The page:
At A. Stotz Investment Research we look at investing through our FVMR framework: Fundamentals, Valuation, Momentum, and Risk. To come up with investment strategies for portfolios that should generate above-benchmark return we do a lot of backtesting. Below you can see a few factors that we consider when we look at Momentum. We consider both price momentum and momentum in fundamentals.
We previously tested a Fundamentals factor, return on assets, in Investing Is Not Just Buying Highly Profitable Companies and a Valuation factor, price-to-book, in Dirt Cheap Stocks Are Too Risky. In this post, we will put price momentum to test and we’ll look at the past three months price change.
Investing in high three-month momentum stocks generates outperformance.
When backtesting, you should use original statements (and not re-stated) to avoid hindsight bias. When you backtest you also need to know and adjust for when a company closes its books. A company may close its books in December but that data is only available some months after on the announcement date. Focus on the announcement date when you backtest.
This was our process to come up with a global universe to test our hypothesis:
- Started with all companies listed anywhere in the world with a market capitalization of more than or equal to US$40m, which left us with 26,564 companies
- Applied a US$50m minimum market capitalization screen, which left us with 25,039 companies
- Filtered out illiquid stocks with a three-month average daily turnover of less than US$250,000 and was left with 16,270 stocks
- Excluded stocks of financial companies
- We removed 3,042 stocks (19%), leaving 13,228
What is three-month (3mth) momentum? We look at the last three month’s price change, the higher price change, the higher momentum.
- On the last day of March of each year we ranked all stocks from highest momentum to lowest
- Divided that list up into deciles
- Measured the share price performance of each decile over the coming 12 months
- Re-ranked after 12 months and reallocated the money of each decile into the new stocks included in each decile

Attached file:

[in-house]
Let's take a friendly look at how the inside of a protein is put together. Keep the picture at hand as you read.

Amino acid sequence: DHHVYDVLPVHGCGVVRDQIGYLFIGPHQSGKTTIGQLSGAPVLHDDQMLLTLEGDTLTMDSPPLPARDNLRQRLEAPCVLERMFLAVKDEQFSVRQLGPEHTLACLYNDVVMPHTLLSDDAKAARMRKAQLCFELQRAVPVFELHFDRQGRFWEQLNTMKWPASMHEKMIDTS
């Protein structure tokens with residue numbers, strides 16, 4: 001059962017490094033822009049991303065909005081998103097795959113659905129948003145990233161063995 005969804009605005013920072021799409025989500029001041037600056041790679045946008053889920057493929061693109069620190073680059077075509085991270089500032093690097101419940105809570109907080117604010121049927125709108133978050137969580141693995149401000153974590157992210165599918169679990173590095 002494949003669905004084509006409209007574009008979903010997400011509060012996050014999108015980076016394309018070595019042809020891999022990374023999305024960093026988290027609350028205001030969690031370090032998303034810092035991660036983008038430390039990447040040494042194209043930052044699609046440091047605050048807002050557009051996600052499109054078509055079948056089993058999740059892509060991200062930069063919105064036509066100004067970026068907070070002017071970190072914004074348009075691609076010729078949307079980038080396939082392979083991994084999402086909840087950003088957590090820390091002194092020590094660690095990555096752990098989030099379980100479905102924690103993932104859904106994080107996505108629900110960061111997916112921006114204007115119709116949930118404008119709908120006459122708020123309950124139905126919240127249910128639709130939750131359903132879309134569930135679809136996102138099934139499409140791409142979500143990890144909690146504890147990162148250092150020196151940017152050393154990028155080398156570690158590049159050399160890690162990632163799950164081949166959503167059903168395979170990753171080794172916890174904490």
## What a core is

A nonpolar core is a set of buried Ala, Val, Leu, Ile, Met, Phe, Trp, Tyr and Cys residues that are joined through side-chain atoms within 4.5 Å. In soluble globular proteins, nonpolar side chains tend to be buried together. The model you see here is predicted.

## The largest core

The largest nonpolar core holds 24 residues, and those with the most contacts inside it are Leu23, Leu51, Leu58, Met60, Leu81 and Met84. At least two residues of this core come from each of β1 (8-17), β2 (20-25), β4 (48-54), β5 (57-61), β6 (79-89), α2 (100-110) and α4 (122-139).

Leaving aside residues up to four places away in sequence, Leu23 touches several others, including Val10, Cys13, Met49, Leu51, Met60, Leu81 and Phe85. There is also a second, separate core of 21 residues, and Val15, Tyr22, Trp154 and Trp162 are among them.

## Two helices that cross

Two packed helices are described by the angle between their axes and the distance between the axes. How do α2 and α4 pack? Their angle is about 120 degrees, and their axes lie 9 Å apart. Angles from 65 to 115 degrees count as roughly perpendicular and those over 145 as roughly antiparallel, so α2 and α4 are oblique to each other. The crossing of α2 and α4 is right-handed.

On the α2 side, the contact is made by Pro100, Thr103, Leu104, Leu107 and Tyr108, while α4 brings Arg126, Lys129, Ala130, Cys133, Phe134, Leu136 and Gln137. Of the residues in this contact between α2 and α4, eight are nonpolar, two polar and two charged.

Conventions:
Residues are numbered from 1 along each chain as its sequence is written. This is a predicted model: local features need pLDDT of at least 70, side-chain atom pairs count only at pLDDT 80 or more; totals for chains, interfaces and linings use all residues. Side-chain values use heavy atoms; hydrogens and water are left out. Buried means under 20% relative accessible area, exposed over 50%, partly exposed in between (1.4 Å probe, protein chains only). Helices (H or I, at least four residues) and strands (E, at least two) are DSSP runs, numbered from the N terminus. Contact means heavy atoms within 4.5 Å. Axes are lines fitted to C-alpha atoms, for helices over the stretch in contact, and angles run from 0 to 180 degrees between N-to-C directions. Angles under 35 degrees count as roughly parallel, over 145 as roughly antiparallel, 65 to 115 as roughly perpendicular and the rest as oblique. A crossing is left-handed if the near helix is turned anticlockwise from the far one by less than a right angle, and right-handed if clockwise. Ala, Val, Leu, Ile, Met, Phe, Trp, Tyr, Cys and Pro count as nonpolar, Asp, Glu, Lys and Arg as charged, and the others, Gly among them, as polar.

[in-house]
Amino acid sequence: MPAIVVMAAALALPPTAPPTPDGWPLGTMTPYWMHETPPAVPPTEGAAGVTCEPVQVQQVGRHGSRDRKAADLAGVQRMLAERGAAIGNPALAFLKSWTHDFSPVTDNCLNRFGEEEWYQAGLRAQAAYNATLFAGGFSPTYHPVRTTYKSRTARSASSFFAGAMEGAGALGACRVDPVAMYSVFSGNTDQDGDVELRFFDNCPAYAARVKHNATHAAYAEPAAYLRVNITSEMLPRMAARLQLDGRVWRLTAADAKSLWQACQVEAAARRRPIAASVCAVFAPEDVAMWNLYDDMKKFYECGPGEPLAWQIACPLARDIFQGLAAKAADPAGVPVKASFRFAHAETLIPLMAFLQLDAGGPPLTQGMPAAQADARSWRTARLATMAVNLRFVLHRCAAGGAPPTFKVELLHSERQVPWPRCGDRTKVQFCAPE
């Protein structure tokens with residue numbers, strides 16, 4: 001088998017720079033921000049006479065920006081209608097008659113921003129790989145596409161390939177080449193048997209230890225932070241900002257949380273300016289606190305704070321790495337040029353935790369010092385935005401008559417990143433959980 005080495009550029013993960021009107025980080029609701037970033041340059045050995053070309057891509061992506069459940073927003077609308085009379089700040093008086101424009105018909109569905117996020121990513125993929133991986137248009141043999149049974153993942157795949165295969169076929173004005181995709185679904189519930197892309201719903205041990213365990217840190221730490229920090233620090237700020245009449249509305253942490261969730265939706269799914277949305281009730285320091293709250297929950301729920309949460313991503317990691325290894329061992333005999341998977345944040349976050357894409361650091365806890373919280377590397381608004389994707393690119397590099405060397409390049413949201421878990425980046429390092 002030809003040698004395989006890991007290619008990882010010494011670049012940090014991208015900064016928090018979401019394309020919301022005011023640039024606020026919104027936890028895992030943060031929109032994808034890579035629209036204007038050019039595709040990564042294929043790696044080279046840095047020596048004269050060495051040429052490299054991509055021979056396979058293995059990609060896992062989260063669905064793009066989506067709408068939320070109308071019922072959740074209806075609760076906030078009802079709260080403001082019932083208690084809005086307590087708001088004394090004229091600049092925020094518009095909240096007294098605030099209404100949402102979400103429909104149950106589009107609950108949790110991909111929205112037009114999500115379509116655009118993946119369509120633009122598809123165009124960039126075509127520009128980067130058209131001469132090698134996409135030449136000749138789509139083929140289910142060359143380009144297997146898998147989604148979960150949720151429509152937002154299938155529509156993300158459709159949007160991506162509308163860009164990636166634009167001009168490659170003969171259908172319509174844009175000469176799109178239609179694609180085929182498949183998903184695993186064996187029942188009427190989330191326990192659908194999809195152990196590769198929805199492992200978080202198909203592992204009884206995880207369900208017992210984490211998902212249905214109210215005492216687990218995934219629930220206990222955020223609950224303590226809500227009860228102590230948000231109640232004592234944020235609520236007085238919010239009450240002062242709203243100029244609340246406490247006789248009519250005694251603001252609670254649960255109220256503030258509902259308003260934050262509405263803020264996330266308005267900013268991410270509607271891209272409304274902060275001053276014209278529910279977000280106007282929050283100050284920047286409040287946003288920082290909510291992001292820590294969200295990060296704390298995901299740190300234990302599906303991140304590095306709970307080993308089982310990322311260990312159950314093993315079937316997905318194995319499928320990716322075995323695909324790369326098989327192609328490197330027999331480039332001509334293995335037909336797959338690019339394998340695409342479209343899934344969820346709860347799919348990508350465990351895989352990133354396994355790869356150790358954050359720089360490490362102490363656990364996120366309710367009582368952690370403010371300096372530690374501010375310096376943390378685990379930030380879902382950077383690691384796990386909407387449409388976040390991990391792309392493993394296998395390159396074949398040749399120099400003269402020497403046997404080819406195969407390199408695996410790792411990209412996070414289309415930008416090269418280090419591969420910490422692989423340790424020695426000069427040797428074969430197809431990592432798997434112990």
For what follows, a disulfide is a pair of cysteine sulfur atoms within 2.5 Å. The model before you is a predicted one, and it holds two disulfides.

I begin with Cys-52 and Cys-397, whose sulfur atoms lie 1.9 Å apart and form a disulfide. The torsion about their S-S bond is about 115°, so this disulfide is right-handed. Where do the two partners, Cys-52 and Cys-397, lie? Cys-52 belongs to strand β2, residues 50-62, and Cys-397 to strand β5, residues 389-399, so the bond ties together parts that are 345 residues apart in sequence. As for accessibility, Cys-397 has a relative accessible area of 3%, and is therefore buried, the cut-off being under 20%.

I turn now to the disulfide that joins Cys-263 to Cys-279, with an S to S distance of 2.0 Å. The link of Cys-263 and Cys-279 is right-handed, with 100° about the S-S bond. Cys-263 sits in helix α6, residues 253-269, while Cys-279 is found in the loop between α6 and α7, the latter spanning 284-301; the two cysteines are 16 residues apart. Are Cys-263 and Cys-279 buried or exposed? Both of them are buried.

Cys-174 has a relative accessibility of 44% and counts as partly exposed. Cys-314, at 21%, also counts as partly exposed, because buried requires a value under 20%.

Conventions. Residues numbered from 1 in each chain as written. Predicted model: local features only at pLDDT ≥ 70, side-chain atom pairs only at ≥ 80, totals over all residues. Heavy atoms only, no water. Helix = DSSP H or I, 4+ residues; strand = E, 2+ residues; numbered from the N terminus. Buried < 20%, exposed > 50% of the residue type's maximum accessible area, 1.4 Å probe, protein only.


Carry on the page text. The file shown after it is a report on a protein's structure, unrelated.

- Repeated for 10 years
For equal-weighted, the 3mth momentum works nicely. Looking at market cap-weighted it does not really work that well. This indicates that momentum works better for small/mid caps than for large caps. It makes somewhat intuitive sense, as it’s easier for a small company to double in value than for a giant such as Apple, Procter & Gamble or Coca-Cola.
Indifferent of weighting scheme, the results show that we should certainly avoid stocks with poor momentum.
Adjusting for risk, the pattern stays the same for equal-weighted and for market cap-weighted the conclusion remains to avoid poor momentum stocks.
3mth momentum seems to work quite well in the hunt for outperformance. It is clear that you should avoid poor momentum stocks.
As the results for market cap-weighted don’t show a strong relationship, 3mth momentum isn’t a clear winner, but there are many other ways to measure and test momentum. Quantitative Momentum is a good book if you want to learn more about momentum investing.
What do you think about these findings on momentum? Are you considering momentum when investing in a stock? What momentum do you use?
Share your ideas and experience in a comment below.
DISCLAIMER: This content is for information purposes only. It is not intended to be investment advice. Readers should not consider statements made by the author(s) as formal recommendations and should consult their financial advisor before making any investment decisions. While the information provided is believed to be accurate, it may include errors or inaccuracies. The author(s) cannot be held liable for any actions taken as a result of reading this article.